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  1. #11
    cliveh's Avatar
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    Perhaps he should show some images by Frank Meadow Sutcliffe and then try and emulate them with digital cameras.

    “The contemplation of things as they are, without error or confusion, without substitution or imposture, is in itself a nobler thing than a whole harvest of invention”

    Francis Bacon

  2. #12

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    As was previously mentioned, he used paper, not film.

    Each black-and-white portrait was exposed onto black-and-white photographic paper, processed in a darkroom and scanned into a computer.
    I liked them.

  3. #13
    Mainecoonmaniac's Avatar
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    I like them too. I think those fake Photoshop filters that make digital images look analog shows that imitating sincerest form flattery

    You don't see analog photographers putting filters in front of their cameras to fake pixels

  4. #14
    Bill Burk's Avatar
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    Makes me glad that 30mm Petzvals are not common...

  5. #15
    Ken Nadvornick's Avatar
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    Quote Originally Posted by Mainecoonmaniac View Post
    I like them too. I think those fake Photoshop filters that make digital images look analog shows that imitating sincerest form flattery

    You don't see analog photographers putting filters in front of their cameras to fake pixels
    That's a really, really good point...



    Ken
    "They are the proof that something was there and no longer is. Like a stain. And the stillness of them is boggling. You can turn away but when you come back they’ll still be there looking at you."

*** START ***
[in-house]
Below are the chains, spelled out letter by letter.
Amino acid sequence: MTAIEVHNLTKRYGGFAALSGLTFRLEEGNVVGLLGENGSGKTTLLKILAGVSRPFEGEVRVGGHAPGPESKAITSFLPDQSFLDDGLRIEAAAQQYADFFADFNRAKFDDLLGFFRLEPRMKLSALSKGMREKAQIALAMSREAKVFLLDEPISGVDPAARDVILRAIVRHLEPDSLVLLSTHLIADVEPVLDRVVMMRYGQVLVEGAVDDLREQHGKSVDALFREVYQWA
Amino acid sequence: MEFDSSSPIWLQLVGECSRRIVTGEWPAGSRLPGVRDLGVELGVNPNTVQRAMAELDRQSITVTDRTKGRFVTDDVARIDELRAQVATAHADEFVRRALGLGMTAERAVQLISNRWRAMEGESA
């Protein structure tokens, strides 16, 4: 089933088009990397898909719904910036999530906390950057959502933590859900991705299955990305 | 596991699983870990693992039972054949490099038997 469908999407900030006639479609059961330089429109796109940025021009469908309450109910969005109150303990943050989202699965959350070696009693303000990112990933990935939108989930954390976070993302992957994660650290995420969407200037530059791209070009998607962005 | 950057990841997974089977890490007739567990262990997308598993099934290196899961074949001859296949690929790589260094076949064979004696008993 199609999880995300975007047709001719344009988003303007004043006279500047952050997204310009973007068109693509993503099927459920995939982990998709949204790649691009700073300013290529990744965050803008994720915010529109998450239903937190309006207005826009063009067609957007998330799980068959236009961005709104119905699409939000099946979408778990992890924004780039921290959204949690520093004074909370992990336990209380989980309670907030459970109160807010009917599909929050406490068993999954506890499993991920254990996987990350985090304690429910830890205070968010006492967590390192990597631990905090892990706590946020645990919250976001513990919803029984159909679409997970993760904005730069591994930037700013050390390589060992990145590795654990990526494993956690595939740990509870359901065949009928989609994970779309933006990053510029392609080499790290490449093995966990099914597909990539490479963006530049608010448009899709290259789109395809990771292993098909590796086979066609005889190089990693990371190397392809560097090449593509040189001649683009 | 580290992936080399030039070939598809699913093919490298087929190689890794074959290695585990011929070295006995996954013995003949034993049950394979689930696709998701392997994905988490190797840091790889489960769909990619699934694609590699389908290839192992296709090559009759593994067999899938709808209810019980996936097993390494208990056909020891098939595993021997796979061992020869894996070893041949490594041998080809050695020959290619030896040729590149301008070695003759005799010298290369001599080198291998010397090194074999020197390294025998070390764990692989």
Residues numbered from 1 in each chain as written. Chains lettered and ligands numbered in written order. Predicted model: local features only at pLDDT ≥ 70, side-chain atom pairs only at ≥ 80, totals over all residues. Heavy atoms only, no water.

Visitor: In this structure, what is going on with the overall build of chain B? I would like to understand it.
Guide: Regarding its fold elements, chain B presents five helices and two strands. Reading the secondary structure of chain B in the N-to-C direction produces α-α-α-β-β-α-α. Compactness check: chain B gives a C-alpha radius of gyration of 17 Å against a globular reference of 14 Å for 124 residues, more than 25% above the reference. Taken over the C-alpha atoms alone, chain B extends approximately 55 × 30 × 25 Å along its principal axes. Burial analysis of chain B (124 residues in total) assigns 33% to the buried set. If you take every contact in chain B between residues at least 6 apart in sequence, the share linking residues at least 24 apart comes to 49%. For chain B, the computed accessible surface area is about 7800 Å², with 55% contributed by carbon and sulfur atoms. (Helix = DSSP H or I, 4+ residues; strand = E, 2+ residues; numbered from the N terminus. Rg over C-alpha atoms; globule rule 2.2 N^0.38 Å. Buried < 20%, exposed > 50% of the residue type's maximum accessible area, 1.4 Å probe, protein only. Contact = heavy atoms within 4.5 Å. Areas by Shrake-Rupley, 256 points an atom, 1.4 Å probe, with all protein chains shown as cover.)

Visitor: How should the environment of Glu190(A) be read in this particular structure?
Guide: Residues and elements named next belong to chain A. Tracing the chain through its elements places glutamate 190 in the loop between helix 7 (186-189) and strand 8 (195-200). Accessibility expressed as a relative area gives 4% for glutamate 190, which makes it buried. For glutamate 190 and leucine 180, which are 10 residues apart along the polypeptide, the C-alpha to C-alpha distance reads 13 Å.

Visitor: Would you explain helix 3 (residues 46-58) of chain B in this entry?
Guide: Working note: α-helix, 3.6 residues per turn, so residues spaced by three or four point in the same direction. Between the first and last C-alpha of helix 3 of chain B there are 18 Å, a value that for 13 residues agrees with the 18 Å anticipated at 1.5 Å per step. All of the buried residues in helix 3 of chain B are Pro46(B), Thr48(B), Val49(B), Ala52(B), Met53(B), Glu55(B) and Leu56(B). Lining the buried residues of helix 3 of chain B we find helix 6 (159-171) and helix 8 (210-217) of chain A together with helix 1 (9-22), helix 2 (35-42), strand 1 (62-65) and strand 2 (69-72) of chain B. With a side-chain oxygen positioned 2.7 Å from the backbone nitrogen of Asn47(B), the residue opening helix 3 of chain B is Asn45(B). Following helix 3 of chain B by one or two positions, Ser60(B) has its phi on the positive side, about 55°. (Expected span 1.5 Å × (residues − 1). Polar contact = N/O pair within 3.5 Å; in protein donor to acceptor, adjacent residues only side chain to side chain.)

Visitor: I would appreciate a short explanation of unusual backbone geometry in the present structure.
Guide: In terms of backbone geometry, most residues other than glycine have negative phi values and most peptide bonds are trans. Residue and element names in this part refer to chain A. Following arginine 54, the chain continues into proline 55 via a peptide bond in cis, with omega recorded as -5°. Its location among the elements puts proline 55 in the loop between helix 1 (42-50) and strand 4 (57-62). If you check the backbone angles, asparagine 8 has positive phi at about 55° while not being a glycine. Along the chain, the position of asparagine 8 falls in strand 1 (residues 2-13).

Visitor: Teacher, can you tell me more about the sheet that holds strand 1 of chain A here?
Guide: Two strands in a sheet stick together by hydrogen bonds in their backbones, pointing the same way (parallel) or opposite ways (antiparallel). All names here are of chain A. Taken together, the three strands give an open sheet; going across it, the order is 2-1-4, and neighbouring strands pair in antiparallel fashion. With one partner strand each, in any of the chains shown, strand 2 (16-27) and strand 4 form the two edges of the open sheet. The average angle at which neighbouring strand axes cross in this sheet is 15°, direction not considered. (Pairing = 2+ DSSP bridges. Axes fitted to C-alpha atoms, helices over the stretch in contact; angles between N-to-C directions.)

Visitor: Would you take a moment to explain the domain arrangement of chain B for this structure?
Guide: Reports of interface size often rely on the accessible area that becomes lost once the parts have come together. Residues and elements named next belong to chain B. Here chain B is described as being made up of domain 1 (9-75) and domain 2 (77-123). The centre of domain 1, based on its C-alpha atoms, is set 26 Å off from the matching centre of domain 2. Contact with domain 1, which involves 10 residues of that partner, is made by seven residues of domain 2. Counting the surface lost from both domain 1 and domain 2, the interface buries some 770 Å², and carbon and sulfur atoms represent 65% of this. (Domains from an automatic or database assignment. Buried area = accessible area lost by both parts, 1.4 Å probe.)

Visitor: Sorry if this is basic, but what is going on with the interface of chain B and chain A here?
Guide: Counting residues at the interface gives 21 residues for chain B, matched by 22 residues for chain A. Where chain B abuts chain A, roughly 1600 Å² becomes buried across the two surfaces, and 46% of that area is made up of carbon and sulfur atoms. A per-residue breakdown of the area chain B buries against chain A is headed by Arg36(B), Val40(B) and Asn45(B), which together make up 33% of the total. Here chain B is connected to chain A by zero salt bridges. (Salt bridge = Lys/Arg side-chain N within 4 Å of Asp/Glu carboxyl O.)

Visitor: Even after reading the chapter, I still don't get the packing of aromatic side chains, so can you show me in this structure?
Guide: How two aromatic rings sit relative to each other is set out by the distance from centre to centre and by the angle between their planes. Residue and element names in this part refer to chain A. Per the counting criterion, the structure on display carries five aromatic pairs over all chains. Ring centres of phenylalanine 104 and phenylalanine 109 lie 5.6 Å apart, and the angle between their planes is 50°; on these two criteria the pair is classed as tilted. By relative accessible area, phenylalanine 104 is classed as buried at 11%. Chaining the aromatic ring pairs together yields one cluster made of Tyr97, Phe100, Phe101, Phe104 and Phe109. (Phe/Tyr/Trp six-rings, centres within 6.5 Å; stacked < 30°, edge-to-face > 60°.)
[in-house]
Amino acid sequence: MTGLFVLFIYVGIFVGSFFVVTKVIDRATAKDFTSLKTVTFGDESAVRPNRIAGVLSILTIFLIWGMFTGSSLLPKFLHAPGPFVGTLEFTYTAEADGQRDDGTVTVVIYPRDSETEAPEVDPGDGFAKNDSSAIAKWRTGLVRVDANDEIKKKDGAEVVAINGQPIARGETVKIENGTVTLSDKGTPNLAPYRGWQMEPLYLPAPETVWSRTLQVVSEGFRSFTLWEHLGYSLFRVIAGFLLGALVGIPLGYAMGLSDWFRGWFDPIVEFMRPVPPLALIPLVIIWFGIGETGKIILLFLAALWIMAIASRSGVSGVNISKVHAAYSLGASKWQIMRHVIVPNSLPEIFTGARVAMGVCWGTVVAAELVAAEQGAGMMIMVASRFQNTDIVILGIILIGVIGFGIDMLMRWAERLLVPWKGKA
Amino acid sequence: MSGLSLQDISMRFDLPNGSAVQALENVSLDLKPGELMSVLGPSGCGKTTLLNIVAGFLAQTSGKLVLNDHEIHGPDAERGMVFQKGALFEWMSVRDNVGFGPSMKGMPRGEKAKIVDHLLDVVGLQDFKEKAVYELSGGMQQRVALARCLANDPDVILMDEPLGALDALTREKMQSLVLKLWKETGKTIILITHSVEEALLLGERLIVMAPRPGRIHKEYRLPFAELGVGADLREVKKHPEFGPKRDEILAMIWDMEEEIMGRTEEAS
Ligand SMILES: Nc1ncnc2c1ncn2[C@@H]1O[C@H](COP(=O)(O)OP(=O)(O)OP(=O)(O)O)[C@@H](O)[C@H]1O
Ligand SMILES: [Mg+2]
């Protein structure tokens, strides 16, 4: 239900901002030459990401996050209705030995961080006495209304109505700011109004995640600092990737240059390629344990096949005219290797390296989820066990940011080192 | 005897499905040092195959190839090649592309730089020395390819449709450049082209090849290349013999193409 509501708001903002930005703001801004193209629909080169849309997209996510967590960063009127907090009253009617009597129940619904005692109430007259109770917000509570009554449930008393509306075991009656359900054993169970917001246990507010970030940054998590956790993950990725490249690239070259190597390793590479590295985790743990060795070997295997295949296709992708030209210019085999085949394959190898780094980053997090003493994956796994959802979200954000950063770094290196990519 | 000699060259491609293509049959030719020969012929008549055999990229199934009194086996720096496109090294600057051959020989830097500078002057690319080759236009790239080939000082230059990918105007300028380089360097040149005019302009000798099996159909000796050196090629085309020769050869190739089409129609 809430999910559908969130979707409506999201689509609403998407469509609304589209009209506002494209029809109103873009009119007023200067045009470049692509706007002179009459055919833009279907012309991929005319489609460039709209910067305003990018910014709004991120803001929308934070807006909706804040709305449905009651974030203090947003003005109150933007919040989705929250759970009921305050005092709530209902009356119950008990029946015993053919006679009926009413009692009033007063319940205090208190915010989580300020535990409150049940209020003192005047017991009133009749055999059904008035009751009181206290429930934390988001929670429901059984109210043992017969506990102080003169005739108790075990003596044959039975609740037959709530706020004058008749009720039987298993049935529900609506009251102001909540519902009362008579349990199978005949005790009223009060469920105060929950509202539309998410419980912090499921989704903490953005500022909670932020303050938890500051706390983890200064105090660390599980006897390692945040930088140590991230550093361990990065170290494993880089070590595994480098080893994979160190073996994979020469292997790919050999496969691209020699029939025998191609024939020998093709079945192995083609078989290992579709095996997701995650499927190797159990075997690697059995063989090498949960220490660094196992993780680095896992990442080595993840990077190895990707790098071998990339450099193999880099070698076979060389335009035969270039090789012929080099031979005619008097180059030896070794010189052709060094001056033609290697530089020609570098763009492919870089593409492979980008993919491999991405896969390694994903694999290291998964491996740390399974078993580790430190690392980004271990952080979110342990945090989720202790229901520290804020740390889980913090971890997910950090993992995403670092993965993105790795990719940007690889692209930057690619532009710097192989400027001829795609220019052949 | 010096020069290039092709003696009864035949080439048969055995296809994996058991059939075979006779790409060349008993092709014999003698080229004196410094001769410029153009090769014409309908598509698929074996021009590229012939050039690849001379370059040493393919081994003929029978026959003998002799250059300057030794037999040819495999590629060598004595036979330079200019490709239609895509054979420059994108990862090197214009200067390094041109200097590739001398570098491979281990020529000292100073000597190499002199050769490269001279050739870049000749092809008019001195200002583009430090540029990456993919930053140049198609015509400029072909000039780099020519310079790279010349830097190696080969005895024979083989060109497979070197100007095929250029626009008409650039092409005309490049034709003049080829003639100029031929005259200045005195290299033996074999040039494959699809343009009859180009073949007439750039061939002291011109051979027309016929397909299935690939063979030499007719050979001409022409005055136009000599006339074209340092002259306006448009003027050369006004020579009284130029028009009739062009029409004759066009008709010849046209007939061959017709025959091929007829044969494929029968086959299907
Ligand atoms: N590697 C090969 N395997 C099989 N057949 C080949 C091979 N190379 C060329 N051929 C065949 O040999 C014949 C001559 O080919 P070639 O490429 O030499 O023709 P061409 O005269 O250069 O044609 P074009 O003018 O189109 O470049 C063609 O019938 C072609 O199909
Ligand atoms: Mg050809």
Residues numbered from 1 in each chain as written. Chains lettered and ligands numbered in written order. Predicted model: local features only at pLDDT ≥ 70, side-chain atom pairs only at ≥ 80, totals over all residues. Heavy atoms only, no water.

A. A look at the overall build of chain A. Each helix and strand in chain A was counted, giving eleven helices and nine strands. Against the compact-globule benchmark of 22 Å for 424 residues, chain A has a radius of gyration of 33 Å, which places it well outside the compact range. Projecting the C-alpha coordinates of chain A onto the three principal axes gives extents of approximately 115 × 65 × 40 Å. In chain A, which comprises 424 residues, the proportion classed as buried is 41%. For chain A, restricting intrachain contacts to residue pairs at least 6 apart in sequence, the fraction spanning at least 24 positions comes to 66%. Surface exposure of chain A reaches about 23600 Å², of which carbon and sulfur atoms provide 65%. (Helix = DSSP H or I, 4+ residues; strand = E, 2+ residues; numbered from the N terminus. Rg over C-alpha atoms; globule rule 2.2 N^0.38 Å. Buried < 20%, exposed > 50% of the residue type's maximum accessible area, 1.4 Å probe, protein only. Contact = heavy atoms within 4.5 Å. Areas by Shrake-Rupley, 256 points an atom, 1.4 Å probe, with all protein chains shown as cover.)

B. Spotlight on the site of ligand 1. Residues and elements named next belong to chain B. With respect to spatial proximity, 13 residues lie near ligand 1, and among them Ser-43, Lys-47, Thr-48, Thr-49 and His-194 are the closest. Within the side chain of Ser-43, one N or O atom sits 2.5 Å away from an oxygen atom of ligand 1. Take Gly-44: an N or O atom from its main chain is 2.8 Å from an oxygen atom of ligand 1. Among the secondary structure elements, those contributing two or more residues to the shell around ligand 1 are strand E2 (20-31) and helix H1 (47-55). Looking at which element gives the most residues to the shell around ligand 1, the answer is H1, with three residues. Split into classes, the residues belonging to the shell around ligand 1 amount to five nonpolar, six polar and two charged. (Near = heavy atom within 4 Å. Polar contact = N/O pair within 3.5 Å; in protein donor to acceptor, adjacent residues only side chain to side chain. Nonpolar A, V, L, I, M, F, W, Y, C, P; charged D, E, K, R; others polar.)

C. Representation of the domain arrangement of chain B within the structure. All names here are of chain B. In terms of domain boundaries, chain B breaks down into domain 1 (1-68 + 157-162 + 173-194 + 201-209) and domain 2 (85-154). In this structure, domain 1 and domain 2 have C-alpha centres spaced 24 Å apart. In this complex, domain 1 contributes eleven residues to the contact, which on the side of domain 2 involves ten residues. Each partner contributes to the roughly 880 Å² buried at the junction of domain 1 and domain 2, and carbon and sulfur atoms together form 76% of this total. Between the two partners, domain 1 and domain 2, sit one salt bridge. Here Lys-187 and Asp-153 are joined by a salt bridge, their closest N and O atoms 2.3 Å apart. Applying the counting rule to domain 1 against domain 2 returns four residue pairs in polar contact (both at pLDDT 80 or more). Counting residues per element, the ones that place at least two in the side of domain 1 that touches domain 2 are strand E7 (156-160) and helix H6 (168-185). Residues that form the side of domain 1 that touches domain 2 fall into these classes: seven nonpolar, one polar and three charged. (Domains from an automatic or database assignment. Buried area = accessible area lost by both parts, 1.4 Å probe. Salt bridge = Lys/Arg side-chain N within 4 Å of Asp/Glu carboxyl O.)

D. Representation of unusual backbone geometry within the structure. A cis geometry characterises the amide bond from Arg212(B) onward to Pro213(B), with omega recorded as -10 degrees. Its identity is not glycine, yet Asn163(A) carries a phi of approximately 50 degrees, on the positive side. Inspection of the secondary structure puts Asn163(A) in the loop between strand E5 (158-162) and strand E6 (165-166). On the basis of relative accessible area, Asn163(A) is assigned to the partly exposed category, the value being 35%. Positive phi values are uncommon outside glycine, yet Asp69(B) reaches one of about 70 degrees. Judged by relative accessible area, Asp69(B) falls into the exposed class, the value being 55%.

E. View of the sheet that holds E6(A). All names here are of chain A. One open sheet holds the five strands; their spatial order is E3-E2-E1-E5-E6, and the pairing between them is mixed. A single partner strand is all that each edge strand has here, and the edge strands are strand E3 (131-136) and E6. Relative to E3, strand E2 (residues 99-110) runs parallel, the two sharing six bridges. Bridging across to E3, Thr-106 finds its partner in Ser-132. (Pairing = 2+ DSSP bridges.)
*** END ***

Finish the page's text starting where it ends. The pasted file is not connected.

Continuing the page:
— Diane Arbus, March 15, 1971, in response to a request for a brief statement about photographs

  6. #16
    Ian Grant's Avatar
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    Quote Originally Posted by Ken Nadvornick View Post
    That's a really, really good point...



    Ken

    It's not flattery when the technique deliberately maks the images look far worse than they would be if genuine !!!!!

    Ian

  7. #17
    artonpaper's Avatar
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    However they were done, they're terrible in my not so humble opinion.

  8. #18
    Ken Nadvornick's Avatar
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    Quote Originally Posted by Ian Grant View Post
    It's not flattery when the technique deliberately maks the images look far worse than they would be if genuine !!!!!

    Ian
    Not the flattery part. The converse logic part. Not needing to try to look like the other technology in the other direction.

    Lots of rebate plug-ins, grain plug-ins, and faded-colors-to-look-like-1950 plug-ins for digital images. But not too many camera or enlarger filters to add that pixellated look to film photographs.

    Wonder why that is??



    Besides, failed attempts at flattery are still flattery, aren't they? It's just the implementation that sucked. Intentional or otherwise.

    Ken
    Last edited by Ken Nadvornick; 08-03-2012 at 05:59 PM. Click to view previous post history.
    "They are the proof that something was there and no longer is. Like a stain. And the stillness of them is boggling. You can turn away but when you come back they’ll still be there looking at you."

    — Diane Arbus, March 15, 1971, in response to a request for a brief statement about photographs

  9. #19
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    I find them annoying. They're affected. They don't look like old pictures, so what's the point? The contrast is way funky, and the artifacts just make them look messy. Just perusing some of the old shots available on Shorpy shows what could be achieved long ago.

    If these had been taken a hundred years ago, hell 150 years ago, the guy would have been advised to find another line of work.
    I do use a digital device in my photographic pursuits when necessary.
    When someone rags on me for using film, I use a middle digit, upraised.

  10. #20
    Mainecoonmaniac's Avatar
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    I think analog imaging to older folks like me, will part of our vernacular. These effects might bring us back to a more genuine and simpler time when you really can believe a photo. It's not just fake photo effects like grain and streaks. It's also with video and audio too. They have scratched film effects for video, pop and clicks for people that record digital music. That's my take on it.

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